Ishi In Two Worlds Book Analysis

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Ishi in Two Worlds depicts the life story of Ishi, the last survivor of the Indian Yana tribe, who emerged starving in the northern California town of Oroville in 1911 after being captured. Written by Theodora Kroeber—UC Berkeley graduate, writer, anthropologist, and wife of Alfred Kroeber (leading anthropologist during the time, and one of Ishi’s close friend) – the book delivers a humane study, and the valid, realistic past history which in turn explains the treatment of Ishi’s people. Among some of Theodora Kroeber’s works are her first book, The Inland Whale (1959), a collection of California Indian myths, and Alfred Kroeber, a Personal Configuration, which, for anthropologists, remains an astonishing accomplishment (Mandelbaum 238). Ishi …show more content…
The book overall is divided into two sections-- Part One: Ishi the Yahi, and Part Two: Mister Ishi. In Part One, Kroeber paints the realistic picture of the lives of Indians during the time when white men began to predominate the lands, specifically the times during the Gold Rush (1848- 1855). Kroeber goes in- depth delivering Yana history, customs, geography and languages during this section. For example, Kroeber lists the Yana’s preference for “acorn flour, their lack of weapons of war, the fact at they were sub- divided into four groups (Ishi being part of the Yahi) and, also, the fact that Yana men and Yana women had two different dialects” (21). Apart from the informative aspects of the section regarding Yana culture, Kroeber also provides insight into one of her major points-- Ishi’s reasons for avoiding white man’s civilization until pushed to his limits. Kroeber goes in depth regarding the discrimination the Yana Indians had to face during the bloody years of “Yana history (1850- 1872), in which girls were subject to repeated rape, to kidnapping, and to prostitution” (46). The 1860-70’s were the years when “the clash between Indians and whites in California reached a climax of fear and fury” (Kroeber 79). It was the white man’s coming that not only brought diseases previously unknown to the original settlers (such as chicken pox, dysentery, influenza, etc), but also “forced migrations,” …show more content…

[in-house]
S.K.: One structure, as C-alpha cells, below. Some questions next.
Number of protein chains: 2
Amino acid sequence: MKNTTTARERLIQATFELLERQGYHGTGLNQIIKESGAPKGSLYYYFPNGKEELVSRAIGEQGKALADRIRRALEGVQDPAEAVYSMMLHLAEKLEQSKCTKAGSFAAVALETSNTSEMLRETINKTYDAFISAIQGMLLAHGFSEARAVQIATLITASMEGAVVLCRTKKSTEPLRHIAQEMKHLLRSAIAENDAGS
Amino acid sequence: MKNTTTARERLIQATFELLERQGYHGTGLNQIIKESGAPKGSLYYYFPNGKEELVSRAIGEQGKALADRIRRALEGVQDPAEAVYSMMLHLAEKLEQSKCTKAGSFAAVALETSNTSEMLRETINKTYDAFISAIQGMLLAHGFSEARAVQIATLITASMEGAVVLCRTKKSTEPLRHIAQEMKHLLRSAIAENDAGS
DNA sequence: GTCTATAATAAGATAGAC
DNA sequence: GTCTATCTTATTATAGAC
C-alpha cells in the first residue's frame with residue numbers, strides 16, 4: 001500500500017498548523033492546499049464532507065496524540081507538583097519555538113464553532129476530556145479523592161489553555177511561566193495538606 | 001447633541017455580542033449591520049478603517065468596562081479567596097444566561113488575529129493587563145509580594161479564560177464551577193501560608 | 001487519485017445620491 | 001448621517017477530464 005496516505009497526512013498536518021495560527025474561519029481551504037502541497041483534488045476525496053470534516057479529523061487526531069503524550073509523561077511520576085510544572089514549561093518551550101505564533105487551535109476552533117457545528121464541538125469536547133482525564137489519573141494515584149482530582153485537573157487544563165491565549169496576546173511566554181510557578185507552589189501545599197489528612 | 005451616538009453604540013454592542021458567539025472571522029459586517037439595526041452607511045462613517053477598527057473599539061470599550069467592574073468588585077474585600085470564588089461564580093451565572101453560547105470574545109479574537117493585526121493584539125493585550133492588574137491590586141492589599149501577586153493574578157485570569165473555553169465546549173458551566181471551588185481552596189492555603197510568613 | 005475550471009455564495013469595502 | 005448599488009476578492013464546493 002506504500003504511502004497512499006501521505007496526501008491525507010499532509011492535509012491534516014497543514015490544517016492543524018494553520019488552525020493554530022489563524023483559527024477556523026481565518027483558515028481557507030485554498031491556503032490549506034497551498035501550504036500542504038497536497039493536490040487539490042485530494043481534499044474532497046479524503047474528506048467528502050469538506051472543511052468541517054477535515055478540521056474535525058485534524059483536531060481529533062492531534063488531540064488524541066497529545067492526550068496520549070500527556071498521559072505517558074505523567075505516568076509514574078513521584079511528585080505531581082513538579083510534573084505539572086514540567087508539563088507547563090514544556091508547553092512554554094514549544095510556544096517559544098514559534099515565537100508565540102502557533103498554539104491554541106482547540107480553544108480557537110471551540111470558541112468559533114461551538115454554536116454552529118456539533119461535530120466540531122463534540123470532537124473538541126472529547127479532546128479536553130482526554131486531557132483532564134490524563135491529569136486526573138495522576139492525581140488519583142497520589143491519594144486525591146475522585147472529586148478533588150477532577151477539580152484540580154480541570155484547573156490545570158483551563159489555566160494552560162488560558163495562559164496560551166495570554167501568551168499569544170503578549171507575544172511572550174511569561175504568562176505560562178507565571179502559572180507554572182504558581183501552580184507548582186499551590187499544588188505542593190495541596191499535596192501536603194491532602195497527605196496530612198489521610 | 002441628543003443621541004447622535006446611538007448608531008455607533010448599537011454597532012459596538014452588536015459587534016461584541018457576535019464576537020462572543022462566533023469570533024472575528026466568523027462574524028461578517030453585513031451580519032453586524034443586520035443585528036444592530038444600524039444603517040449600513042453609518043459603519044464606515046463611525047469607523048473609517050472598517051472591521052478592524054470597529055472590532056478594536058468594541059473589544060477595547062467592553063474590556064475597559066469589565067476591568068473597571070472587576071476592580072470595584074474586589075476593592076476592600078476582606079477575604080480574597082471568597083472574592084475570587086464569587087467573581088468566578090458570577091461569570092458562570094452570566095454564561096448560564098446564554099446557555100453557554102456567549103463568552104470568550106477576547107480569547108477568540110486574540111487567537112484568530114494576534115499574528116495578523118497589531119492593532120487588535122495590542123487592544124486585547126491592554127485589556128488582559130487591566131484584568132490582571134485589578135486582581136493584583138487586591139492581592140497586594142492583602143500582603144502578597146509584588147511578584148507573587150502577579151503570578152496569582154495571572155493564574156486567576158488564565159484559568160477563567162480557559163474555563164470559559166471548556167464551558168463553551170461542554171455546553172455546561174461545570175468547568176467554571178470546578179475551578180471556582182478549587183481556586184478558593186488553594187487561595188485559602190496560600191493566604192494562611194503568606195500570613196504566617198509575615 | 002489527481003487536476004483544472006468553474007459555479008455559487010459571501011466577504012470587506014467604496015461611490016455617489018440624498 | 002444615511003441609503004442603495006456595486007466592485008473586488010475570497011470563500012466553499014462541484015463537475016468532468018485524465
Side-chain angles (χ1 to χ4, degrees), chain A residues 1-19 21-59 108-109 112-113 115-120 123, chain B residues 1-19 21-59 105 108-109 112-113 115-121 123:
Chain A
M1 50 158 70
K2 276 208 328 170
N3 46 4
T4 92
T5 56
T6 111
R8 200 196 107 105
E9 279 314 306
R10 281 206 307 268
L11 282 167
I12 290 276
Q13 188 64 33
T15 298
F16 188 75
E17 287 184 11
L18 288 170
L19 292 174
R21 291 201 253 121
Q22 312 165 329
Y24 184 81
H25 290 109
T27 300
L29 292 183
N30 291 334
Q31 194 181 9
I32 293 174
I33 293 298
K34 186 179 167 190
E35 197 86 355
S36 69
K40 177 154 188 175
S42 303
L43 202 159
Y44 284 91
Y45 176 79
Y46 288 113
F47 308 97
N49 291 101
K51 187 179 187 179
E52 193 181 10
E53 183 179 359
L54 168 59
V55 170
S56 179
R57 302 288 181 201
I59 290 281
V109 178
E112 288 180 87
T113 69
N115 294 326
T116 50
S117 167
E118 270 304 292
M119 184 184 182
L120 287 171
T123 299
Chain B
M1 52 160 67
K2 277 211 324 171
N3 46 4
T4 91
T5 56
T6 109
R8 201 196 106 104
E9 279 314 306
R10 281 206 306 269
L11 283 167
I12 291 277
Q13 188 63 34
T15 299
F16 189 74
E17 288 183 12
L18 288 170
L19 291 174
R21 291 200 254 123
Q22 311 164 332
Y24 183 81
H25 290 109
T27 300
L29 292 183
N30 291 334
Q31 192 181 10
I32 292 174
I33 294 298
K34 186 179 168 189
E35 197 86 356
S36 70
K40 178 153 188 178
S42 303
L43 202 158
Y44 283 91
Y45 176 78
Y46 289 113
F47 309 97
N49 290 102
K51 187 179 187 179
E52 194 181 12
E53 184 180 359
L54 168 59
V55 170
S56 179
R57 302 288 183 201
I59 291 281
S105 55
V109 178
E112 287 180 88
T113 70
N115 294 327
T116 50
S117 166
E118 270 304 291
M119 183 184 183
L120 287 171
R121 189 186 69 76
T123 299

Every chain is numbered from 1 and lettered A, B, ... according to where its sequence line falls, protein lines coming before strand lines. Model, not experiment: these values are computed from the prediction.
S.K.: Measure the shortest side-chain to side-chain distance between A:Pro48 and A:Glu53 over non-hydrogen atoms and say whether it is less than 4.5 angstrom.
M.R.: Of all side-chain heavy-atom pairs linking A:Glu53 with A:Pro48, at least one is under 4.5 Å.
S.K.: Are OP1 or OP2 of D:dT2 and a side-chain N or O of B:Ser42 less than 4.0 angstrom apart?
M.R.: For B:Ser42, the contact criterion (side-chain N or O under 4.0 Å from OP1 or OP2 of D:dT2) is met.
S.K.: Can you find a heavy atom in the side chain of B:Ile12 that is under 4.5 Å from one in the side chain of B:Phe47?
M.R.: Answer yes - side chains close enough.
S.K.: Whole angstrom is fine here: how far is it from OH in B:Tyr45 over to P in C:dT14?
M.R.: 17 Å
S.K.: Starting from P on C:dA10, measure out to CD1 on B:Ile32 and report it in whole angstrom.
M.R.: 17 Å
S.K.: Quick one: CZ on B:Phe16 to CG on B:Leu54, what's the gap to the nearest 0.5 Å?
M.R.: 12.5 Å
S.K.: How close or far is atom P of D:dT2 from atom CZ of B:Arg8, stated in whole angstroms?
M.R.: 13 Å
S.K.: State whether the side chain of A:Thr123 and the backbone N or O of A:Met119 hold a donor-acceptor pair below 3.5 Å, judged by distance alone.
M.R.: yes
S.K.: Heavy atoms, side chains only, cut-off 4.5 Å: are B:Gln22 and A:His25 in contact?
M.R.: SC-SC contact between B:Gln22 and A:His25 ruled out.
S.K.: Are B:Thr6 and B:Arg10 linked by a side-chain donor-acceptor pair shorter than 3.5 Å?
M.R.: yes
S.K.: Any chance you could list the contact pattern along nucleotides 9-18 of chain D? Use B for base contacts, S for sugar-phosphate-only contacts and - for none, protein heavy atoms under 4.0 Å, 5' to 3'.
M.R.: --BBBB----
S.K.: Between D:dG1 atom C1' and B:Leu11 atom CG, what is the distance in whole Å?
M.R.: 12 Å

Being organized in chronological order, the book is an easy to follow reading, delivering a rich, in- depth look into the conflicts between Indians and the white man. The author’s incorporation of illustrations regarding maps, Ishi himself, his bow and arrow techniques, along with the many others which at one point in time determined his well- being, prove to be enrichments for the public’s knowledge today, and will continue to be for generations to come. The author’s use of letters between Alfred Kroeber and certain other individuals regarding concerns for Ishi’s well-being come to show that he was a deeply appreciated

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